The pound fell to the weakest level in 17 months against the dollar as a report showed U.K. construction slowed in December more than economists forecast, undermining Britain’s recovery.
Sterling declined versus 13 of its 16 major peers as British politicians began their campaigns before parliamentary elections set to take place in May. A survey of polling experts in the Independent on Sunday newspaper found all who made a prediction saw another hung Parliament, where no party has a majority. U.K. government bonds climbed for a fifth day even as the nation prepared to auction 10-year debt tomorrow, the first gilt sale since Dec. 11.
“The data has been deteriorating steadily,” said Neil Mellor, a currency strategist at Bank of New York Mellon in London. “The market has been able to focus on the political risks relating to the election as well. We see cable at $1.49 in three months which already is looking quite conservative,” he said, referring to the pound-dollar exchange rate.
Sterling fell 0.6 percent to $1.5238 at 4:22 p.m. London time after touching $1.5176, the lowest since August 2013. The U.K. currency was little changed at 78.32 pence per euro.
Bank of New York’s Mellor predicts the pound will weaken to $1.40 by year end. The median prediction of analysts surveyed by Bloomberg is for sterling to rise to $1.55.
A gauge of U.K. construction declined to 57.6 in December from 59.4 a month earlier, according to Markit Economics. That’s below the median estimate of 59 in a Bloomberg News survey of analysts and above the 50 level that indicates expansion.
The construction data “adds to nervousness surrounding the pound,” BNP Paribas SA analysts led by Steven Saywell in London wrote in a note to clients. “In the short term, GBP appears vulnerable to further weakness especially versus a resurgent USD,” they wrote, referring to the pound and dollar.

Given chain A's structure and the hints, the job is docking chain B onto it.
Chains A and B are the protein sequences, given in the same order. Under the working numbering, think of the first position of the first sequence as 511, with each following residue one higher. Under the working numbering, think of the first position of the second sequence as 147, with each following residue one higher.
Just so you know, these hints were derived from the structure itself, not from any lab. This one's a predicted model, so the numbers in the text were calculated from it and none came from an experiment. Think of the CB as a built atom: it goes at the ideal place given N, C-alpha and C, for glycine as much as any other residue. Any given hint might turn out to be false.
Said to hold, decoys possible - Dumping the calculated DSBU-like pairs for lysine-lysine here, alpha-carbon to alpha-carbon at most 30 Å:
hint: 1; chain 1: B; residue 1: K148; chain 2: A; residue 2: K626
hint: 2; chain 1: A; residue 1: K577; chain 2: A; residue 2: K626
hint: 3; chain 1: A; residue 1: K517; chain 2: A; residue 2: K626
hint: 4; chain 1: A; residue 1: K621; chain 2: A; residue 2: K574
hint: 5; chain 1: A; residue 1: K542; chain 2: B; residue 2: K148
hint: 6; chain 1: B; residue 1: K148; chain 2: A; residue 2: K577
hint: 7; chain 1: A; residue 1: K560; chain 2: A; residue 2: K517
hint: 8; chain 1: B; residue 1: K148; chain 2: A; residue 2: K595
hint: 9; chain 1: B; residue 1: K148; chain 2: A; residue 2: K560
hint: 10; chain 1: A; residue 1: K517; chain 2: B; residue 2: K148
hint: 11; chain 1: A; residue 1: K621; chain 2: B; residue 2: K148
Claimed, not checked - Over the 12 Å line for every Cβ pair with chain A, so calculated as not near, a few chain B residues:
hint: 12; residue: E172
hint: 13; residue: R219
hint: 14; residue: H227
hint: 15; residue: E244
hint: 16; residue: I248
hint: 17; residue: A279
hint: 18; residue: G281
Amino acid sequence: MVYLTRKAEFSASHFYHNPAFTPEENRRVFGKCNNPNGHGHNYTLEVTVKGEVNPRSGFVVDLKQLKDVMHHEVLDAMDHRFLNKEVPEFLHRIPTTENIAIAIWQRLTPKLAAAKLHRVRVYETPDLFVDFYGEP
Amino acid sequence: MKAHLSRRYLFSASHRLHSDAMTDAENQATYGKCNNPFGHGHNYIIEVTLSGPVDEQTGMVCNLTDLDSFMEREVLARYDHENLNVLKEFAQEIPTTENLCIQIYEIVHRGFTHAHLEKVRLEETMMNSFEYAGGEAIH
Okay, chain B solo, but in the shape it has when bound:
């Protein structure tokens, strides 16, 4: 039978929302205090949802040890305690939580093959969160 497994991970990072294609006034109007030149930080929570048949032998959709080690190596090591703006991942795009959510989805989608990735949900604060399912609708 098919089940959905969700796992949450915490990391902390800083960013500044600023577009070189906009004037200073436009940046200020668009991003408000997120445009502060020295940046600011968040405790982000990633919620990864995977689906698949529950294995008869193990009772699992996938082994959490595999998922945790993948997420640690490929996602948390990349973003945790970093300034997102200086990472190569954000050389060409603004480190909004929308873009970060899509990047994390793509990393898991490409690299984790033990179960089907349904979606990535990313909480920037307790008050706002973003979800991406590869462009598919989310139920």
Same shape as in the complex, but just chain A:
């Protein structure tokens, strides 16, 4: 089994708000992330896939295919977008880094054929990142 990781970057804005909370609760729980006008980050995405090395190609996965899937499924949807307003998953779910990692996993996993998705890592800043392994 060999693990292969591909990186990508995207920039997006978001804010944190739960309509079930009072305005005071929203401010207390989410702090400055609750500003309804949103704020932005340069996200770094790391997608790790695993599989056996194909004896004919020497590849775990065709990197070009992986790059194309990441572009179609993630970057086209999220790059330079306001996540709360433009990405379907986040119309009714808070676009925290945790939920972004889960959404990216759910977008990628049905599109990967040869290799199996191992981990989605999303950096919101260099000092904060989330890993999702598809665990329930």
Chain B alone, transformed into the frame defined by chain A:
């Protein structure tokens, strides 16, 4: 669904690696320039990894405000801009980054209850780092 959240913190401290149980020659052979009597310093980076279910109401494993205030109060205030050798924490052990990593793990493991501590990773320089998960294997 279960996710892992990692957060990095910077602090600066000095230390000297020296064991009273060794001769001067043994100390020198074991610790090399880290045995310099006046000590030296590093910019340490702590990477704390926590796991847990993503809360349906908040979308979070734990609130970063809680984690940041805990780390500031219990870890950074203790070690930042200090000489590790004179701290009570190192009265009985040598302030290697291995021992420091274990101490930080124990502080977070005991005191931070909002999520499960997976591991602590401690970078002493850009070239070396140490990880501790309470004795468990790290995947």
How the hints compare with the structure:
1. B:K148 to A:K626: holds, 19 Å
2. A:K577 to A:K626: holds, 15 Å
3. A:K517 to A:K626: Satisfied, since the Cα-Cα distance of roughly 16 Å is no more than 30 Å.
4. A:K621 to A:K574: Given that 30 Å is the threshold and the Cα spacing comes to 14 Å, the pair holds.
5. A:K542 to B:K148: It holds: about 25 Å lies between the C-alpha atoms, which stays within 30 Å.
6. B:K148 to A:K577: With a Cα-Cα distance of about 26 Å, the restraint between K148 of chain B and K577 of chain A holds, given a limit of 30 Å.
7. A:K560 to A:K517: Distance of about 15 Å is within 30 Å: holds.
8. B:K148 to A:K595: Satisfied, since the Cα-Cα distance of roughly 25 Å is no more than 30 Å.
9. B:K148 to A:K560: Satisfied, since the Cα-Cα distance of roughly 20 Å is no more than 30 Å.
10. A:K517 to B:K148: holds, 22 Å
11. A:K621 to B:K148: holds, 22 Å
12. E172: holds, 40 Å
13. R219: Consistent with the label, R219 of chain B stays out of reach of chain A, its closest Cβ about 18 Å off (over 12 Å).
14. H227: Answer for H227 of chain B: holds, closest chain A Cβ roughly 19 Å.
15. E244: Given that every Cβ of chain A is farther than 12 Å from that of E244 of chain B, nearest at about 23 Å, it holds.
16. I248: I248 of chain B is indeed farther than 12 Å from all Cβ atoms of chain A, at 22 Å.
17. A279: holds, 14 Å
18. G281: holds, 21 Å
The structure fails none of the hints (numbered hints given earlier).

The Debt Management Office plans to sell 2.75 billion pounds of benchmark gilts tomorrow and 950 million pounds of inflation-linked debt due in March 2044 a day later.
“We’ve got two auctions this week after a three-week hiatus in supply,” said Jason Simpson, a U.K. rates strategist at Societe Generale SA in London. “Into year-end, one of the reasons yields squeezed down so low was just this environment of limited issuance.”
The 10-year gilt yield fell five basis points, or 0.04 percentage point, to 1.67 percent today, and touched 1.656 percent, the lowest level since May 2013. The 2.75 percent bond due in September 2024 rose 0.485, or 4.85 pounds per 1,000 pound face amount, to 109.645.
The rate on 10-year gilts will climb to 2.75 percent by the end of this year, according to the median of estimates compiled by Bloomberg.
The U.K. last sold 10-year gilts at an average yield of 2.205 percent on Nov. 13, up from 2.149 percent at a previous sale on Oct. 21.
U.K. sovereign debt returned 15 percent last year, outperforming U.S. and German securities, according to Bloomberg World Bond Indexes, as investors pushed back bets of higher interest rates by the Bank of England and growth stalled in the euro area.